Meditation Postures

Asana is the term used to describe both the setting and posture used by an individual practicing meditation. There are many different postures that can be practiced in the sitting, lying and standing positions; some of the most common postures are outlined below.


The lotus position of meditation, sitting cross-legged with the feet on the opposing thighs, originates from ancient meditative practices in India. It is commonly used in many religious practices of meditation, including Buddhist, Hindu and Jain meditation.

meditationLotus position. Image Credit: fizkes /

The position can be practiced by sitting down on the floor, placing one foot with the sole facing up on the opposite thigh, and placing the other foot on the other thigh in the same manner. When performed correctly, the heels should be close to the abdomen and the knees in contact with the ground. The spine should be straight and centered about the hips and the head and neck muscles relaxed.

Overall, the body should be relaxed and the position comfortable, without pain. Often, practitioners need to sit on a cushion to increase comfort and provide additional support to the spine.

The lotus position is beneficial as it is stable and can support the body for long periods of time, allowing the mind to relax into the practice of meditation. The physical position of the spine helps to relax the body and decrease muscular tension.

This position requires significant flexibility of the body, and not all individuals will be able to use this position when beginning to practice meditation. People with sciatica, sacral infections, and weak knees should avoid using this position.


Also known as the easy pose or Burmese pose, the Sukhasan is similar to the traditional Lotus position with crossed legs to open the hips and lengthen the spine. However, this pose places less stress on the knees, which makes it easier for many individuals with physical limitations to practice.

It is easier to break the position and slump forward when in this position, disrupting the alignment of the spine. For this reason, it is not routinely recommended by all schools of meditation but is a suitable position for many individuals, particularly those that find the Lotus position difficult. The stability and spinal support can be increased with the use of cushions under the knees and buttocks.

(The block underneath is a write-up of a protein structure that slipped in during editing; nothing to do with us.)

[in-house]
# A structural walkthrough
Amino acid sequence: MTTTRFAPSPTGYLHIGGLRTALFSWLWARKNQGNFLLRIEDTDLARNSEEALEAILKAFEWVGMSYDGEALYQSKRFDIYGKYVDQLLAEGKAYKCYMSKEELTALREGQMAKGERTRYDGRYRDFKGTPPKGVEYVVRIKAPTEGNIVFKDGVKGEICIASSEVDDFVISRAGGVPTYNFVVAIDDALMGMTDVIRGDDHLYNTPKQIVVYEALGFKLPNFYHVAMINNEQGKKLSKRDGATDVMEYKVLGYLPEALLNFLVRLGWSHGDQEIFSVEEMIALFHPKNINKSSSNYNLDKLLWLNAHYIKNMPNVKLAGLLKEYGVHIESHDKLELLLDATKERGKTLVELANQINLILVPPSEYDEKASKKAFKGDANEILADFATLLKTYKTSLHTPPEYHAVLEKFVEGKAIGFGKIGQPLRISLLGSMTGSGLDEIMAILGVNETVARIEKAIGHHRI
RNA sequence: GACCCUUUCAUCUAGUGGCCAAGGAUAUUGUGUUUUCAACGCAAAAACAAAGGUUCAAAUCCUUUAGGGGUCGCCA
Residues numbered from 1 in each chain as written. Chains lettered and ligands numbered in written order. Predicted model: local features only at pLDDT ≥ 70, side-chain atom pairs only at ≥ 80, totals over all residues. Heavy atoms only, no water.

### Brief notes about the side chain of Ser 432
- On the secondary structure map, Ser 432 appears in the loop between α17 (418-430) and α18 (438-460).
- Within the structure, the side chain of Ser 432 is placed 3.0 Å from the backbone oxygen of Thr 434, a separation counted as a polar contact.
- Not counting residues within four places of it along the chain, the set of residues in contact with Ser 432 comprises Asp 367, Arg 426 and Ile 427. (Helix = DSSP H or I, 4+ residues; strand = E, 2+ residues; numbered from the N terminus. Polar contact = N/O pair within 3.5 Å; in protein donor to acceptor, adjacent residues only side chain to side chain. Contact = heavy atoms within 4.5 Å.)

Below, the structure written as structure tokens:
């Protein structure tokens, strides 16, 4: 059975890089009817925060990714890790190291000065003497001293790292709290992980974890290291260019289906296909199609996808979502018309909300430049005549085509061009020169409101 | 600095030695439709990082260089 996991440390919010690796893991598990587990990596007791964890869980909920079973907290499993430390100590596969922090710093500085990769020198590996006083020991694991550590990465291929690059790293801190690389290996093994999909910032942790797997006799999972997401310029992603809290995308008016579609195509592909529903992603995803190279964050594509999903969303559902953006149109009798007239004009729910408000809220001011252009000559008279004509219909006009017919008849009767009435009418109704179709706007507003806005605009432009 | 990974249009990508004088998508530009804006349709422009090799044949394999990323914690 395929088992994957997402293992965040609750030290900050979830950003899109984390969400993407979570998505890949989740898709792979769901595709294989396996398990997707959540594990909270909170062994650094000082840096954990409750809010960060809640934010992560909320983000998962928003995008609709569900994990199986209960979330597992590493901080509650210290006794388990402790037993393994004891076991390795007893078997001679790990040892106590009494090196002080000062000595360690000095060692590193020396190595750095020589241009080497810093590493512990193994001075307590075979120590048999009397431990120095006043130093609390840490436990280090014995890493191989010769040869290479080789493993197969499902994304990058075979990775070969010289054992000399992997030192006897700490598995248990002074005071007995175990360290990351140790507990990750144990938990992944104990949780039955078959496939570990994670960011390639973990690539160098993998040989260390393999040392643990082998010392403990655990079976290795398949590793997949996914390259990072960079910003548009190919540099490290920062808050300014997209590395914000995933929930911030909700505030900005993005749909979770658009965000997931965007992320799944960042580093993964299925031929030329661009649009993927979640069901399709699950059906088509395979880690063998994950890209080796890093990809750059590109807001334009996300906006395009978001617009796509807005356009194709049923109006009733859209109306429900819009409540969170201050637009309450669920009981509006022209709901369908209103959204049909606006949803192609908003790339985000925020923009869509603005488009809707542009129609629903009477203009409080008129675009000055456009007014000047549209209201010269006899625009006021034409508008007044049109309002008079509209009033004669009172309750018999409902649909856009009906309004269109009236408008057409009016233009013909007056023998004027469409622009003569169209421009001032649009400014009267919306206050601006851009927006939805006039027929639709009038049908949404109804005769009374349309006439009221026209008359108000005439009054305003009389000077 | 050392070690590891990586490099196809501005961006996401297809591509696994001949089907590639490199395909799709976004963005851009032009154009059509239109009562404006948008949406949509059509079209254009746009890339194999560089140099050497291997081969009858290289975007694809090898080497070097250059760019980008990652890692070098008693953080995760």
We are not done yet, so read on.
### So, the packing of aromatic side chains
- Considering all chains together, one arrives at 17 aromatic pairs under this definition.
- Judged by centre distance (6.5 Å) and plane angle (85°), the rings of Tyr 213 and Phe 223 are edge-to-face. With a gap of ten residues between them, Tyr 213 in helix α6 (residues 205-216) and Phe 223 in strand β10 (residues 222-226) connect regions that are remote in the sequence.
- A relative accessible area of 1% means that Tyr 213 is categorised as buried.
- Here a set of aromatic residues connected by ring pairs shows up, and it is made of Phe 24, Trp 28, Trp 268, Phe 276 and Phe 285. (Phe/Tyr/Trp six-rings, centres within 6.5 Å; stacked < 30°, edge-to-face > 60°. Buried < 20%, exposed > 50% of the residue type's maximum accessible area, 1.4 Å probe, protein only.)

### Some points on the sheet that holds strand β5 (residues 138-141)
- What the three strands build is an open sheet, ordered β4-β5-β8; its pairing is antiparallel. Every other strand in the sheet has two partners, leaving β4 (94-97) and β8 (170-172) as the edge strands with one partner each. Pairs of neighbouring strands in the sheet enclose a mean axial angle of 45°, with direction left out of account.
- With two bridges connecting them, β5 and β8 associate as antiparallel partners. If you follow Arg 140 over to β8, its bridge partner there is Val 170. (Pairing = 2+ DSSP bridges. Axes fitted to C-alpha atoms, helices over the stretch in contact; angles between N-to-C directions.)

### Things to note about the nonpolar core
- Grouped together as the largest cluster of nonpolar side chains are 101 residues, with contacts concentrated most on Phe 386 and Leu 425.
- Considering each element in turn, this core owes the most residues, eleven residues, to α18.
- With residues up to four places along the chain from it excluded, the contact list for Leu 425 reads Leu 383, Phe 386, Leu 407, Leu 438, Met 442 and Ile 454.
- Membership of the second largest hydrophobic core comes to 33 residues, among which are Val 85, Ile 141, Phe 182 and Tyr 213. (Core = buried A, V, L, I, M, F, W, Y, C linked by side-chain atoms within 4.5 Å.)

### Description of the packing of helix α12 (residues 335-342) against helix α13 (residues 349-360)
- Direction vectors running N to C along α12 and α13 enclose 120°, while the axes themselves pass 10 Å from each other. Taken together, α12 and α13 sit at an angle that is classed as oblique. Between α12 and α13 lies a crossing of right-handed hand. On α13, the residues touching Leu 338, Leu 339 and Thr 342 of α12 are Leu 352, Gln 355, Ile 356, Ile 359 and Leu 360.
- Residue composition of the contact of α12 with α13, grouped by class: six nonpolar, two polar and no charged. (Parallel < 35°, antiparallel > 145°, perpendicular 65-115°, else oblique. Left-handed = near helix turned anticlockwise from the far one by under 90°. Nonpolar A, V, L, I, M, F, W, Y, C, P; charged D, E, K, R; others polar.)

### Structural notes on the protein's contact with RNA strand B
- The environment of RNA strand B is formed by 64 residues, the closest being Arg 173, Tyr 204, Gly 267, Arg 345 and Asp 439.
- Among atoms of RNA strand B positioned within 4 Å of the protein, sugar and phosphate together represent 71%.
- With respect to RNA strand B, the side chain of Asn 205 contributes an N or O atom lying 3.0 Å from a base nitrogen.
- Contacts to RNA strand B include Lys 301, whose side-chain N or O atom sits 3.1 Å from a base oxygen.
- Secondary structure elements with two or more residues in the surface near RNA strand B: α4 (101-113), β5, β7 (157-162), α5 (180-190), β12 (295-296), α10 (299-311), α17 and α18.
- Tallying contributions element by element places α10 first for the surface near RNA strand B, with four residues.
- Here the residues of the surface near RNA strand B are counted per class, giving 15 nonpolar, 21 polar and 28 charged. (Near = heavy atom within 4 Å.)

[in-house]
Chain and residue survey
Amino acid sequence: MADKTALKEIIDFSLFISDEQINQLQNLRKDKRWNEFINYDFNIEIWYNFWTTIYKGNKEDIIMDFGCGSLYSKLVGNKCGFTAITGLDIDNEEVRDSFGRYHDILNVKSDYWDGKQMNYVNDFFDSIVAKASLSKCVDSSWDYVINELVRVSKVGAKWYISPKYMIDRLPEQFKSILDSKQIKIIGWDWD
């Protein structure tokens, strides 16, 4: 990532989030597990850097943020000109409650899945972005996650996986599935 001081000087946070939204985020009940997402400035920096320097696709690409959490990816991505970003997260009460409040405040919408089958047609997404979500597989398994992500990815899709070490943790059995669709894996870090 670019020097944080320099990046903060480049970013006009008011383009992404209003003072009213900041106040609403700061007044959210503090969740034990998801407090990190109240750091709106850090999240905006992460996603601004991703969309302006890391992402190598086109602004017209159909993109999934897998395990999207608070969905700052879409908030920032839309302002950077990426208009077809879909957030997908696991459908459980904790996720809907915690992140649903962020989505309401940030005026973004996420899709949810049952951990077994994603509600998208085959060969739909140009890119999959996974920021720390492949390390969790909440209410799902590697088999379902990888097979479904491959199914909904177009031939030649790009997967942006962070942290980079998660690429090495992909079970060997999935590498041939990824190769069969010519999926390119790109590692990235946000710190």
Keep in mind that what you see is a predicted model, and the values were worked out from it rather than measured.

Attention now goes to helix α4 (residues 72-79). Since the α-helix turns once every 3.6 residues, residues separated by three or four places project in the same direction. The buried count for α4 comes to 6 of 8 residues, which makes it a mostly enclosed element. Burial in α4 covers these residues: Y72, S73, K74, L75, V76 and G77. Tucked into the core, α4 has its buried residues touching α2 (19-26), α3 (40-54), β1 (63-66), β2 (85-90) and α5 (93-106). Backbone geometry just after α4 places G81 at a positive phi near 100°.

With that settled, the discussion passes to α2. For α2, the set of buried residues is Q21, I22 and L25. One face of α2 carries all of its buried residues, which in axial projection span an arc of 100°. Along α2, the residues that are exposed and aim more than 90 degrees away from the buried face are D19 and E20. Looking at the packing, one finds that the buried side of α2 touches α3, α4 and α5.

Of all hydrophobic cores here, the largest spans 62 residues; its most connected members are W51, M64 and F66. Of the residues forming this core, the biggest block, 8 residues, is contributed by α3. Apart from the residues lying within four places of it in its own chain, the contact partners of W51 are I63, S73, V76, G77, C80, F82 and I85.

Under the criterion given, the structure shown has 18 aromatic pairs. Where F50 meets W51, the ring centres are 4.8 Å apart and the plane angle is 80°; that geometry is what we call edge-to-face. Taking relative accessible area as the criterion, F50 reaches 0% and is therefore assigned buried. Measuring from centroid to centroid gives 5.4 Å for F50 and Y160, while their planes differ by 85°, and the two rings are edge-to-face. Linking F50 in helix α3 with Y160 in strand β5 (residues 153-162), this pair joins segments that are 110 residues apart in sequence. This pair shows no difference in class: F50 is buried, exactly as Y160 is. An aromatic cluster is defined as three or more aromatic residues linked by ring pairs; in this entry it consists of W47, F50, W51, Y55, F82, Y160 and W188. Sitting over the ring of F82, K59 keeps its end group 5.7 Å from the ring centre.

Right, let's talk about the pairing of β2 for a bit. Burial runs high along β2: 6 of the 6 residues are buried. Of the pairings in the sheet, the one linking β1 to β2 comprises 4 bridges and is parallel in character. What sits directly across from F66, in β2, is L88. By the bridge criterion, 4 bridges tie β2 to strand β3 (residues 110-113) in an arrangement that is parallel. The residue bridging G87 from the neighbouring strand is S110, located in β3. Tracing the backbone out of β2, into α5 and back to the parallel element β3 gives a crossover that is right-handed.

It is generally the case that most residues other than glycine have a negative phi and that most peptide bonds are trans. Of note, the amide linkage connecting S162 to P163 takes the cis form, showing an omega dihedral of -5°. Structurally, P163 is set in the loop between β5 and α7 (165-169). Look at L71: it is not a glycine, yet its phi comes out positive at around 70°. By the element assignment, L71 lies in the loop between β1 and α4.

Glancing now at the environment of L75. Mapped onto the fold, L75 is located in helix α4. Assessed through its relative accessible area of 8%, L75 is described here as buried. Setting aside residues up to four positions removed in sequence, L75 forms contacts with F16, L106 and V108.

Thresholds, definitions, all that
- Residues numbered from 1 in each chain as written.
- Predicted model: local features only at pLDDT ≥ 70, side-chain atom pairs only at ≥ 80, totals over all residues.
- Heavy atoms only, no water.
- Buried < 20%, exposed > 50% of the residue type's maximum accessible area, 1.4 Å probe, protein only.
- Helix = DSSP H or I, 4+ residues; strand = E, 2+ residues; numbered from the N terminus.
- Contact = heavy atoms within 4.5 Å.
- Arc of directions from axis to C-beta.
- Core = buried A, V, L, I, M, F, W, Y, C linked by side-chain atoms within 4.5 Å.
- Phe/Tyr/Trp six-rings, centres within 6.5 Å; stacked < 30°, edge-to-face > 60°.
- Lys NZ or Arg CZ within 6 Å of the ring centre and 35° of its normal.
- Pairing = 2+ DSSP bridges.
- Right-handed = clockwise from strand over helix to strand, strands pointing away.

sukhasana meditationSukhasana meditation pose. Image Credit: fizkes /


Kneeling is a position commonly associated with submission in obedience in society. It is in part for this reason, that kneeling is a preferred position for prayerful meditation in religions such as Christianity and Islam. It is also practiced as a position for meditation for other purposes and in secular practice, however.


Meditation can also be practiced in the standing position, although this is associated with greater issues of stability, which can disrupt the vacancy of the mind during meditation. Nonetheless, the benefits of standing meditation are evident for those that wish to practice in the position.

The arms can be held in various directions, by the sides of the torso or above the head. Most practitioners find that holding arms above the head is particularly uncomfortable at first, but can do this more easily as upper body strength is gained by continuing the practice.

Lying (Supine)

Lying face up in a comfortable position can also be used as a posture for meditation, known as supine position. This has a high degree of stability and allows the body of the individual to relax and focus on the mind.

All About Meditation Positions: 5 Perfect Meditation Postures For Beginners| Utsav 360


Further Reading

Last Updated: Jan 28, 2021

Susan Chow

Written by

Susan Chow

Susan holds a Ph.D in cell and molecular biology from Dartmouth College in the United States and is also a certified editor in the life sciences (ELS). She worked in a diabetes research lab for many years before becoming a medical and scientific writer. Susan loves to write about all aspects of science and medicine but is particularly passionate about sharing advances in cancer therapies. Outside of work, Susan enjoys reading, spending time at the lake, and watching her sons play sports.


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